Housing Crisis In A Nutshell

I live on Adanac hill in the same block as the WISE Hall.  The north side of the street running up to Victoria used to have several crumbling old Edwardian houses that were full of very cheap rental units. They have all been  demolished over the last few years and replaced with townhouses.

You may recall that townhouses are supposed to be one of the cheap alternative to single family houses, and the Planning department are pushing them more and more into Grandview (see the recent Open House) as a solution to the housing affordability problem.

The townhouse development right next door to my building has just been completed and I happened to see one of the townhouses advertised in a real estate office this morning:

The top of the picture is a little blurry (having been taken through a glass window) but the important figures below are clear and readable.

Let’s step back a moment and remember that the median family income in Vancouver is roughly $75,000 a year.  Therefore, a normal family in Vancouver can never possibly afford this townhouse which, with a 30% down payment, requires an income double what most earn.

The minimum down payment is $265,600. No family can possibly save that much in 20 years on a median income in Vancouver. But let’s assume — as the build-at-any-cost crowd do — that the purchasers have boomer parents able and willing to assist with the down payment. It still doesn’t work.

The annual mortgage payment is $56,652 which is more than the entirety of their take home pay after tax and deductions.

So, who are these townhouses aimed at?  Foreign speculators could afford them, of course; and so could people who already have houses to sell. But the average Vancouver family looking to get a foothold into the housing market are frozen out.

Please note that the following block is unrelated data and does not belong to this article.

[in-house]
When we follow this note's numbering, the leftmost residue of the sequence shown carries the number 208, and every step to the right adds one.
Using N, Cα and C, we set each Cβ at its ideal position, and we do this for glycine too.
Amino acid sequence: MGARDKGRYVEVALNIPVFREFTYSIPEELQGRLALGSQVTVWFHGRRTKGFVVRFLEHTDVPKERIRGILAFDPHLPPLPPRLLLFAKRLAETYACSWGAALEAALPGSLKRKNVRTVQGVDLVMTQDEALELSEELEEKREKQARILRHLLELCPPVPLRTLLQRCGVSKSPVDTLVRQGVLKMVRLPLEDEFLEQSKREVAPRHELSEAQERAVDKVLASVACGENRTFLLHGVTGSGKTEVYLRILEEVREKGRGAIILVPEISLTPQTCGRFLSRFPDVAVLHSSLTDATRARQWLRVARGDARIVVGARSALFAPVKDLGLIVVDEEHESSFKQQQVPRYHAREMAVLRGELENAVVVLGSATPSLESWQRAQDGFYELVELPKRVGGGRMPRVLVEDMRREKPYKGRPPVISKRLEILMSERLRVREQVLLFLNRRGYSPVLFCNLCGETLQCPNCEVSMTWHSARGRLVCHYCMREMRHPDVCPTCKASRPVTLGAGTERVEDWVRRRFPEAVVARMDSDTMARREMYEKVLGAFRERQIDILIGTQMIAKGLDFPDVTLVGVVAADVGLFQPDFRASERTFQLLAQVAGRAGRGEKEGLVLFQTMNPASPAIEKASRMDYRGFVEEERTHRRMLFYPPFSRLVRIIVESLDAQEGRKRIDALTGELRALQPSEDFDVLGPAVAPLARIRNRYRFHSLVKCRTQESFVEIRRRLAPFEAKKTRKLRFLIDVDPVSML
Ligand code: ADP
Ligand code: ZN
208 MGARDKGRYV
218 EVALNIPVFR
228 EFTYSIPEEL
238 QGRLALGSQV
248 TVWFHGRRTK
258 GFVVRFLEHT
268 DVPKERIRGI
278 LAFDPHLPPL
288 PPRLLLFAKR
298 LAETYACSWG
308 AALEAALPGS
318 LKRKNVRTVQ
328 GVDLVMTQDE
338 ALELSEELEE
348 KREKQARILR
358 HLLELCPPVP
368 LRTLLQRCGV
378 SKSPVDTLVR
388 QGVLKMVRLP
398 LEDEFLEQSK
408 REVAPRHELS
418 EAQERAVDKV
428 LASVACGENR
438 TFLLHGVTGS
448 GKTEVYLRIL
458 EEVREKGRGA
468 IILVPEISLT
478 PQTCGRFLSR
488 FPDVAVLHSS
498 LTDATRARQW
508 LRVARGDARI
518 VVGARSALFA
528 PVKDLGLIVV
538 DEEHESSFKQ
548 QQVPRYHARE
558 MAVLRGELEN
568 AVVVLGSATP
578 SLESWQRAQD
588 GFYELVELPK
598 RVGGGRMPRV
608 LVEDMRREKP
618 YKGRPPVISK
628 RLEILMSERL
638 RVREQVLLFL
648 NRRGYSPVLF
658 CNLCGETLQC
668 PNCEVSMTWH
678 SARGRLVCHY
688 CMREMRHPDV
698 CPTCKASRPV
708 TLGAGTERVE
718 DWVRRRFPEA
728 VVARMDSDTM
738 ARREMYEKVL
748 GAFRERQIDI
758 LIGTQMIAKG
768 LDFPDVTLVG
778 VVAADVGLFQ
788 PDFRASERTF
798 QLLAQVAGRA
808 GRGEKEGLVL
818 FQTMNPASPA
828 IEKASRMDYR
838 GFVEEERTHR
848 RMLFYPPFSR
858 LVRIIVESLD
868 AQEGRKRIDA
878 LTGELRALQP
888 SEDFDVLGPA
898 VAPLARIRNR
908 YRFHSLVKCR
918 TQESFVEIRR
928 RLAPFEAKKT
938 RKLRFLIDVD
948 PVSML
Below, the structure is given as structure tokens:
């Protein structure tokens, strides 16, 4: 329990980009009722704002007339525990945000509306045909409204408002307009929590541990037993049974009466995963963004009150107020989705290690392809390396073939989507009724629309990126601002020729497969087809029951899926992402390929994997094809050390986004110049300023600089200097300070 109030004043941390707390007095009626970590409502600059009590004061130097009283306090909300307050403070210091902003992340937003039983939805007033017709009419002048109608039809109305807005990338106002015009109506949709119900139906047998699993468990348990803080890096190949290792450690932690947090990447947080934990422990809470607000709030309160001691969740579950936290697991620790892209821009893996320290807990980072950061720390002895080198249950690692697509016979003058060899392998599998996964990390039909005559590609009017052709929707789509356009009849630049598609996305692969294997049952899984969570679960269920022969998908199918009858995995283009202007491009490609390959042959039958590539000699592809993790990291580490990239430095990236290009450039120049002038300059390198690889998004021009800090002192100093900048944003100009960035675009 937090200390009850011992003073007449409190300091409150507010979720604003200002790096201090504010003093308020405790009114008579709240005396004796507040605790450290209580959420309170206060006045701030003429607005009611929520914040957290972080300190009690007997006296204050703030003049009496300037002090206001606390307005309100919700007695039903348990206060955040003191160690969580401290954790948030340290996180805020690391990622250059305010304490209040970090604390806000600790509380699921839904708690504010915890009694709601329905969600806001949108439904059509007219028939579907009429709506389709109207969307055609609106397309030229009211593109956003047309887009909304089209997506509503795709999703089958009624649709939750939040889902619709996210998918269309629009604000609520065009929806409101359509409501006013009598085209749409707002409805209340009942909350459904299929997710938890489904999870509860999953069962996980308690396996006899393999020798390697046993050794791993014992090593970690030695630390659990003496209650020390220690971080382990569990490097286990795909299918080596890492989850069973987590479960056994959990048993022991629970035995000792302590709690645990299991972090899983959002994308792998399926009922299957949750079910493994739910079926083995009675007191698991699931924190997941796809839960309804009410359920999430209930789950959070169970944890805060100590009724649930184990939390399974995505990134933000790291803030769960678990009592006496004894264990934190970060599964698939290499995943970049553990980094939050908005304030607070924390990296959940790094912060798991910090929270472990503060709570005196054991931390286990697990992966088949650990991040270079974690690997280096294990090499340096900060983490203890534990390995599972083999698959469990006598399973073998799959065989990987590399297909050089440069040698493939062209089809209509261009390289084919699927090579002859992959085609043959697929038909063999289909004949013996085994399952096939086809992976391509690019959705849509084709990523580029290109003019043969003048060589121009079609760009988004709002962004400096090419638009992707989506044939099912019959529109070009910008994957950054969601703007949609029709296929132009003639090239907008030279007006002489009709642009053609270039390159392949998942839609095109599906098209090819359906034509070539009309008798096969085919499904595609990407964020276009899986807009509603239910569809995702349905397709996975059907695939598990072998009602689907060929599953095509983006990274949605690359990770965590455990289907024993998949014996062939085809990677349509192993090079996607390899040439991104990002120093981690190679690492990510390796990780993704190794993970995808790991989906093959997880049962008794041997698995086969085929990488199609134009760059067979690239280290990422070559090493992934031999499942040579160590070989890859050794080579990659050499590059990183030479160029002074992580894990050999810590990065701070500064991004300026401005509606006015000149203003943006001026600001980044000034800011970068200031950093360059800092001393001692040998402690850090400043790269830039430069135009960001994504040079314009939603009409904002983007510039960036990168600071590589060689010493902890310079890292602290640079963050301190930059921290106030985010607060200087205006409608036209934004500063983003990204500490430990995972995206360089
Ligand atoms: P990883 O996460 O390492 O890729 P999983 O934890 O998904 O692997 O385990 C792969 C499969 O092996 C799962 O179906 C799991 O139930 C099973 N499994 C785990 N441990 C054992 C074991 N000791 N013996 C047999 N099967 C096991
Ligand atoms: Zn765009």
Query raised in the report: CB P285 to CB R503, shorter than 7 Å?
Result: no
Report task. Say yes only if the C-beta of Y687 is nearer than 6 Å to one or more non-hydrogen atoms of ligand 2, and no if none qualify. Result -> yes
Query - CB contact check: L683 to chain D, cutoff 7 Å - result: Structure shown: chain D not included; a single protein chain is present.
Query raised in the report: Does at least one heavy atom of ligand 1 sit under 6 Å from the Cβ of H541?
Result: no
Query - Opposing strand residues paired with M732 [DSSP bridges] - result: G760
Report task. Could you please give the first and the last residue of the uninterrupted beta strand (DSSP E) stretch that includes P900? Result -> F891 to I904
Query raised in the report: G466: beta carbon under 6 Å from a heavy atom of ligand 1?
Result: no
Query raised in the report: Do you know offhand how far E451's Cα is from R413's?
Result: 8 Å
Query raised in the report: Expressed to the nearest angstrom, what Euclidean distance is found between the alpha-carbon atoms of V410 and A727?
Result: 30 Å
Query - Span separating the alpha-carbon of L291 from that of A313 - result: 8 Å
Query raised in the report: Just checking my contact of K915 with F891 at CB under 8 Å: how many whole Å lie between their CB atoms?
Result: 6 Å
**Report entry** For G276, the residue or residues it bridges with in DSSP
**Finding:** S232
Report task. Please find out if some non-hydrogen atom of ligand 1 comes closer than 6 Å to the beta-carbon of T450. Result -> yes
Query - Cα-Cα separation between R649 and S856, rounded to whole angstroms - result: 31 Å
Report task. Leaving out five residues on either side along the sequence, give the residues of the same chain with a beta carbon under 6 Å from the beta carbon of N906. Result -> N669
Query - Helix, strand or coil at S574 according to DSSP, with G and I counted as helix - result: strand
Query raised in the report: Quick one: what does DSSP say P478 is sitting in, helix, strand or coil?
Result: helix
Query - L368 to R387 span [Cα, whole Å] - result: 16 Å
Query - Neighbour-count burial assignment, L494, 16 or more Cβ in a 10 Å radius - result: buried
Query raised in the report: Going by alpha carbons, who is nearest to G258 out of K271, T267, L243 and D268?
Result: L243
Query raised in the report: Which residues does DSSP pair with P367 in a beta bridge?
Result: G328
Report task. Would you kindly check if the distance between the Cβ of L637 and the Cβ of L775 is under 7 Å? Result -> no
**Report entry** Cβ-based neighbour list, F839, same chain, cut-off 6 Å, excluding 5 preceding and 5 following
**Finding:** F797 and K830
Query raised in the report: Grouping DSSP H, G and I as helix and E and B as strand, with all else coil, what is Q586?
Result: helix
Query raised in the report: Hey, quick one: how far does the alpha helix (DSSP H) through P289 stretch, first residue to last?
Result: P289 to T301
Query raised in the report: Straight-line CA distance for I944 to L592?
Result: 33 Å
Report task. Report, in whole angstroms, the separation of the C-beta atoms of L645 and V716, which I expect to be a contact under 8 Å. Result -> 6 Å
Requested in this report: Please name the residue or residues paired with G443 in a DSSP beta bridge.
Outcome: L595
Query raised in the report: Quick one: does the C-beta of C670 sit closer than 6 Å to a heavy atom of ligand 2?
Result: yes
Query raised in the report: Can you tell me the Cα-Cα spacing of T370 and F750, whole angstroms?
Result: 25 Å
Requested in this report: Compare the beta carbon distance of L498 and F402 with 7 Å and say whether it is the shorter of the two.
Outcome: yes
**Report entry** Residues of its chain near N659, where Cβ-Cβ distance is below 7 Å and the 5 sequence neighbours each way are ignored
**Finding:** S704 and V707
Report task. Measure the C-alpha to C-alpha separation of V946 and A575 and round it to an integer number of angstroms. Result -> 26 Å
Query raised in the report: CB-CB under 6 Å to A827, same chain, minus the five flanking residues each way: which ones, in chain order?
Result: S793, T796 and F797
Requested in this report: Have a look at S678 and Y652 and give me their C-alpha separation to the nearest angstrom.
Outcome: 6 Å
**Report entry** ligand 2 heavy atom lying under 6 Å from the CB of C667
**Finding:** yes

Tell me again how this helps the affordability crisis?

10 Responses to Housing Crisis In A Nutshell

  1. larry says:

    Answer: It doesn’t.

  2. Tavish McGillicutty says:

    They are aimed at the rich.
    Was that a rhetorical question, or are you legitimately clueless?

    • jakking says:

      Which part of this post (if you actually read it) was so unclear to you that you have to make a ridiculous comment like that?

  3. […] made an interesting blog post with specific example that sheds light on Vancouver’s “Housing Crisis in A Nutshell.” The Grandview Woodland community plan is in its implementation phase. It strongly promotes […]

  4. Keith says:

    It was said by Gordon Price that Vancouver “densified in place for a few decades.” Old homes became effectively rooming houses, not zoned for that but affordable housing was created out of necessity. Of course the increased density of duplexes and townhouses does not house more people, in fact it houses less. Now that the price of the housing coming on stream is approaching and exceeding $1000 per square foot, the gentrification is in full swing.